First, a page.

Finance minister Tito Mboweni’s plan to pull the economy out of its longest downward cycle since 1945 may have put him on a collision course with cabinet colleagues, fellow ruling-party members and labour unions.
The minister envisions the state relinquishing its near monopoly of electricity, port and rail services, relaxing rules to make it easier to do business and privatising assets to stabilize its finances. He also favours maintaining a flexible exchange rate, inflation targeting and sustainable fiscal policy, according to a policy paper released by the national treasury on Tuesday.
Some of the proposals conflict with recent calls from within the ANC and its union allies for the government to play a more interventionist role in tackling rampant poverty and a 29% unemployment rate. Official policy positions, which have been adopted by the party but have yet to be implemented, include nationalising the central bank, land seizures and implementing a costly national health insurance system.
The treasury paper hasn’t been presented to the cabinet and its adoption isn’t assured. While Mboweni may be unsuccessful in implementing all the proposed reforms, by putting them all on the table a compromise could mean at least some of them find easier passage.
“There will be tension, there will be differences,” said Roland Henwood, a political science lecturer at the University of Pretoria. “I think what Mboweni has done now is to underline the crisis. Government cannot go on talking about the crisis of unemployment and lack of economic growth and we are not seeing any action.”
South Africa’s economic woes stem from policy missteps and rampant graft that characterised the nine-year rule of former President Jacob Zuma, who quit under pressure from the ANC 18 months ago and was replaced with his deputy, Cyril Ramaphosa.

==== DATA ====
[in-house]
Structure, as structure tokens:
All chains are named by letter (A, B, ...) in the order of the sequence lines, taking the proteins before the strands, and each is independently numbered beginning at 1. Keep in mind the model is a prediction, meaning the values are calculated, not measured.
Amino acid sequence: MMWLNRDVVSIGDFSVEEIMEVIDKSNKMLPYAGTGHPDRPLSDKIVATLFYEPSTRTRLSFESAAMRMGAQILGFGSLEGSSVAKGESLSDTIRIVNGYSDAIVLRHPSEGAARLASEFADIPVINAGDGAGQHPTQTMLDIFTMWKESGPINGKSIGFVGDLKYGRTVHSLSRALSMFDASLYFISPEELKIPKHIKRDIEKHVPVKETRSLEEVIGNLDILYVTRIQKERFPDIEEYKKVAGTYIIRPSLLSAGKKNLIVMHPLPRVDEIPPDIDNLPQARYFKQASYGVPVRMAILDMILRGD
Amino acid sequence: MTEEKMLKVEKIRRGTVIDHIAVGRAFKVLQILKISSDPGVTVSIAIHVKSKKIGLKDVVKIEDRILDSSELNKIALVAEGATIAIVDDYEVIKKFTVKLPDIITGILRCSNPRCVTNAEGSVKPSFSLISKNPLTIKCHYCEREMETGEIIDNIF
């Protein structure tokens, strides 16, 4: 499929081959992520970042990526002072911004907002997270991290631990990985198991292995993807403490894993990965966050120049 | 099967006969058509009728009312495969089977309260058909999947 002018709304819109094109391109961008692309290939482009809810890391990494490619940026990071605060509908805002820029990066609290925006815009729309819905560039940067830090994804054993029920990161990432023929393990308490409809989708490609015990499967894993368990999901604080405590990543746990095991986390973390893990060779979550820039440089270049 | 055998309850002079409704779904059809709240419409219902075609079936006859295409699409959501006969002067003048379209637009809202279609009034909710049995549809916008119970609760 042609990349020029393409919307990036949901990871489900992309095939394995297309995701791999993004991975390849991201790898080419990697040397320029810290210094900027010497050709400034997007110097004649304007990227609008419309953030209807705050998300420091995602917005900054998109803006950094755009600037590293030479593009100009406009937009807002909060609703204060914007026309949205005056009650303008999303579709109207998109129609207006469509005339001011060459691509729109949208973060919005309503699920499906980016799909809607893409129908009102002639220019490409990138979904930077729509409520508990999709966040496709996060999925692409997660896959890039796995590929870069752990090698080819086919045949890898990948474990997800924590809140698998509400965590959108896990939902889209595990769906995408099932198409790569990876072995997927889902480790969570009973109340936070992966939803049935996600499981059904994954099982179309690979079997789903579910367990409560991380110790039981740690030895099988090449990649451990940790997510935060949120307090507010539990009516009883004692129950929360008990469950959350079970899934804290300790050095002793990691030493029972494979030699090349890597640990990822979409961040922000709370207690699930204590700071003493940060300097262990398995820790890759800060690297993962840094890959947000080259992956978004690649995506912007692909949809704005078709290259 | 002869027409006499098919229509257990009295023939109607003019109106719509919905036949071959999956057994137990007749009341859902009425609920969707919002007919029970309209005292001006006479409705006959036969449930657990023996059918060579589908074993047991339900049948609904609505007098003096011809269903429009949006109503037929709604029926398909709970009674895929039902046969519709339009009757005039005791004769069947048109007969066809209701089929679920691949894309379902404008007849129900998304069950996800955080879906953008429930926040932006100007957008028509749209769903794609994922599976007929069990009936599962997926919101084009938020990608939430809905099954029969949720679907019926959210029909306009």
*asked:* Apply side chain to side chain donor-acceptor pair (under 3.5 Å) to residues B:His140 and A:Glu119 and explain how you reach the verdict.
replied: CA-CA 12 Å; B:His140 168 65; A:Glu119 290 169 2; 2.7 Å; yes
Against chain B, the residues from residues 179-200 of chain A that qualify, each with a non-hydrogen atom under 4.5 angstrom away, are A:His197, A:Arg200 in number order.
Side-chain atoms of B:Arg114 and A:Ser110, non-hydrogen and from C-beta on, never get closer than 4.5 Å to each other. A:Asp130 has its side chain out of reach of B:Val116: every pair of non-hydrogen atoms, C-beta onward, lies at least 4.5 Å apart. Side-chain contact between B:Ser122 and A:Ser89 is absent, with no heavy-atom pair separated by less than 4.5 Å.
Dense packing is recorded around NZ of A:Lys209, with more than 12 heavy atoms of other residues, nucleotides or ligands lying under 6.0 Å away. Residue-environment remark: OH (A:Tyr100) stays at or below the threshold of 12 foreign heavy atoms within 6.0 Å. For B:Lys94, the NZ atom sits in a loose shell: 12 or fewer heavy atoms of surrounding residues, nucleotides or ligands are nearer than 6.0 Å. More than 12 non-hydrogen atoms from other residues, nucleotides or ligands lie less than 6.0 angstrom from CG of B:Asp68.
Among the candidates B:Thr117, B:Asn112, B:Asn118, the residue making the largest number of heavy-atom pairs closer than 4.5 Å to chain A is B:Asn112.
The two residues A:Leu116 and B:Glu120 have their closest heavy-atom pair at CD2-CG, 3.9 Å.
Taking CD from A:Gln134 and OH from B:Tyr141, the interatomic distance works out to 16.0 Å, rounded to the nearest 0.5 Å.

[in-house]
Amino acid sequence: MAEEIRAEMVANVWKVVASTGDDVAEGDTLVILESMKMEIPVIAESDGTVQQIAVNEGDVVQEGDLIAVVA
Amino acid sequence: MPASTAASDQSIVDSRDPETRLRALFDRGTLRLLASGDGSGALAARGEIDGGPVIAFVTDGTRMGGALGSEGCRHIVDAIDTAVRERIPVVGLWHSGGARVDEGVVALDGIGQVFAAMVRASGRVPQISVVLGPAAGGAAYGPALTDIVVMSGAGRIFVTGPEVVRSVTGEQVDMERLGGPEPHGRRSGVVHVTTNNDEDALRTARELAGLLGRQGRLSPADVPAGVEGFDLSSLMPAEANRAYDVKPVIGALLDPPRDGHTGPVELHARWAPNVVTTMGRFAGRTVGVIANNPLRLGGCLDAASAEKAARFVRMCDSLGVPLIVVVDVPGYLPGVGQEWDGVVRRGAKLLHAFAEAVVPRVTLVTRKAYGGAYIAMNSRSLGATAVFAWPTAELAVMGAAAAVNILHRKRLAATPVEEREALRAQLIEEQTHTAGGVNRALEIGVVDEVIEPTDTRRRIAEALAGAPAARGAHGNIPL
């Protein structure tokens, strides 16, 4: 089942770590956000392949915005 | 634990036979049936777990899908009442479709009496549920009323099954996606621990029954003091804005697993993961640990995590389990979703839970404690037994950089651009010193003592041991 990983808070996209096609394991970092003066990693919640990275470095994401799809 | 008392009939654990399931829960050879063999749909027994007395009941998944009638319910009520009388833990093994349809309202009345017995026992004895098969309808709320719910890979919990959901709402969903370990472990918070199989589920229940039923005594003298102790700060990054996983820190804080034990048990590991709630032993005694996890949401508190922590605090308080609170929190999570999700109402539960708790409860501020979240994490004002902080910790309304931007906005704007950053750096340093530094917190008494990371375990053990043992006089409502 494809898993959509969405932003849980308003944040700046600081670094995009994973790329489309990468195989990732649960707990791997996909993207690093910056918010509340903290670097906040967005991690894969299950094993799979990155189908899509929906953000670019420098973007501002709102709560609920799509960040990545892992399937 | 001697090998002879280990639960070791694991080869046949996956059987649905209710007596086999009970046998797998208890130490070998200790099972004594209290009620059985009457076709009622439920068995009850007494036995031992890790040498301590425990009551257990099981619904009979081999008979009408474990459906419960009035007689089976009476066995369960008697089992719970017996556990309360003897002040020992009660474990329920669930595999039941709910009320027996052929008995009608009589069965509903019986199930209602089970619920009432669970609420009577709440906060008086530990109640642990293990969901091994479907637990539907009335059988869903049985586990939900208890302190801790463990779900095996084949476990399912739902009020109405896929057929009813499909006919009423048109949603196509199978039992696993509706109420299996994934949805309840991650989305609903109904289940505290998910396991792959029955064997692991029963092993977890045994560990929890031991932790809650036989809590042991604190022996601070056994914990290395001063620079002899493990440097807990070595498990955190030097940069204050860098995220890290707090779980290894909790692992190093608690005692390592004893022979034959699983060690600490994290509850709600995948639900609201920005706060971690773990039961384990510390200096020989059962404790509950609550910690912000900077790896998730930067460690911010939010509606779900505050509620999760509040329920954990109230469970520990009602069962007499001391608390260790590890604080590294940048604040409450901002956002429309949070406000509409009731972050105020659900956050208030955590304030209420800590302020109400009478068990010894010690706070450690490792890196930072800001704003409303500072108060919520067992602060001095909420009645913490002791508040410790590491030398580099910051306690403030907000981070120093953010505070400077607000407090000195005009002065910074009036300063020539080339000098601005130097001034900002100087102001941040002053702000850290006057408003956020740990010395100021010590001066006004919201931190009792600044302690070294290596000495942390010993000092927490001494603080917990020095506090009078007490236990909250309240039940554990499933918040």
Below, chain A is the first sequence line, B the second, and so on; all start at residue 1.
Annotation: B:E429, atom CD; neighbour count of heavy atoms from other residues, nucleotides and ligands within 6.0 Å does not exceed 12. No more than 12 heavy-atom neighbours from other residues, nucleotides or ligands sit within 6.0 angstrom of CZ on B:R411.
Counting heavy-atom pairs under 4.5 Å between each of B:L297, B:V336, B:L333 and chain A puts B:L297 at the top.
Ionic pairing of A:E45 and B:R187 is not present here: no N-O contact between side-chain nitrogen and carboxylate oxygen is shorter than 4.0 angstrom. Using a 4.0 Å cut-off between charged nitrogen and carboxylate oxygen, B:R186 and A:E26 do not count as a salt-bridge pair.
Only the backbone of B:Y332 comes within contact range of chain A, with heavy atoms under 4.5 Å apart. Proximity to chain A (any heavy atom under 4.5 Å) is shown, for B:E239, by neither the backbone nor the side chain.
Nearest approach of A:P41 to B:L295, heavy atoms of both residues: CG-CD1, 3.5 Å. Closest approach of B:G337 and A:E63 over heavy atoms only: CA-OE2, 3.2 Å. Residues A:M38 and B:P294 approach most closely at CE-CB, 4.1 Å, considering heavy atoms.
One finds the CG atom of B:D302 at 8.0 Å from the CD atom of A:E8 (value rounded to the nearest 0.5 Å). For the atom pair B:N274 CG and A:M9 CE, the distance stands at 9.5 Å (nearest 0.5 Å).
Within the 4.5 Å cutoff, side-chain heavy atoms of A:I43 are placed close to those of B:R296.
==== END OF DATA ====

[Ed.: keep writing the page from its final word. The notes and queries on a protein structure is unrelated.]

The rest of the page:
The problems have been compounded by a meltdown at Eskom — it’s needed a multibillion-rand bailout to remain solvent and its failure to supply sufficient electricity helped cause the economy to contract an annualised 3.2% in the first quarter, the most in a decade.
The treasury’s plan seeks to lift the average annual economic growth rate by two to three percentage points and create more than a million jobs over a decade. Its most contentious suggestion is to sell some of Eskom’s plants, subject to power off-take agreements.
Raymond Parsons, a professor at North-West University’s Business School in Potchefstroom, west of Johannesburg, said the treasury has provided a viable road map for the country to address its economic malaise, but its success will hinge on effective implementation.
Boosting growth “will require the necessary political will to take the tough decisions”, Parsons said. “The fundamentals for a higher growth trajectory must be laid now to reap tangible benefits later.” — Reported by Mike Cohen and Amogelang Mbatha, with assistance from Paul Vecchiatto, (c) 2019 Bloomberg LP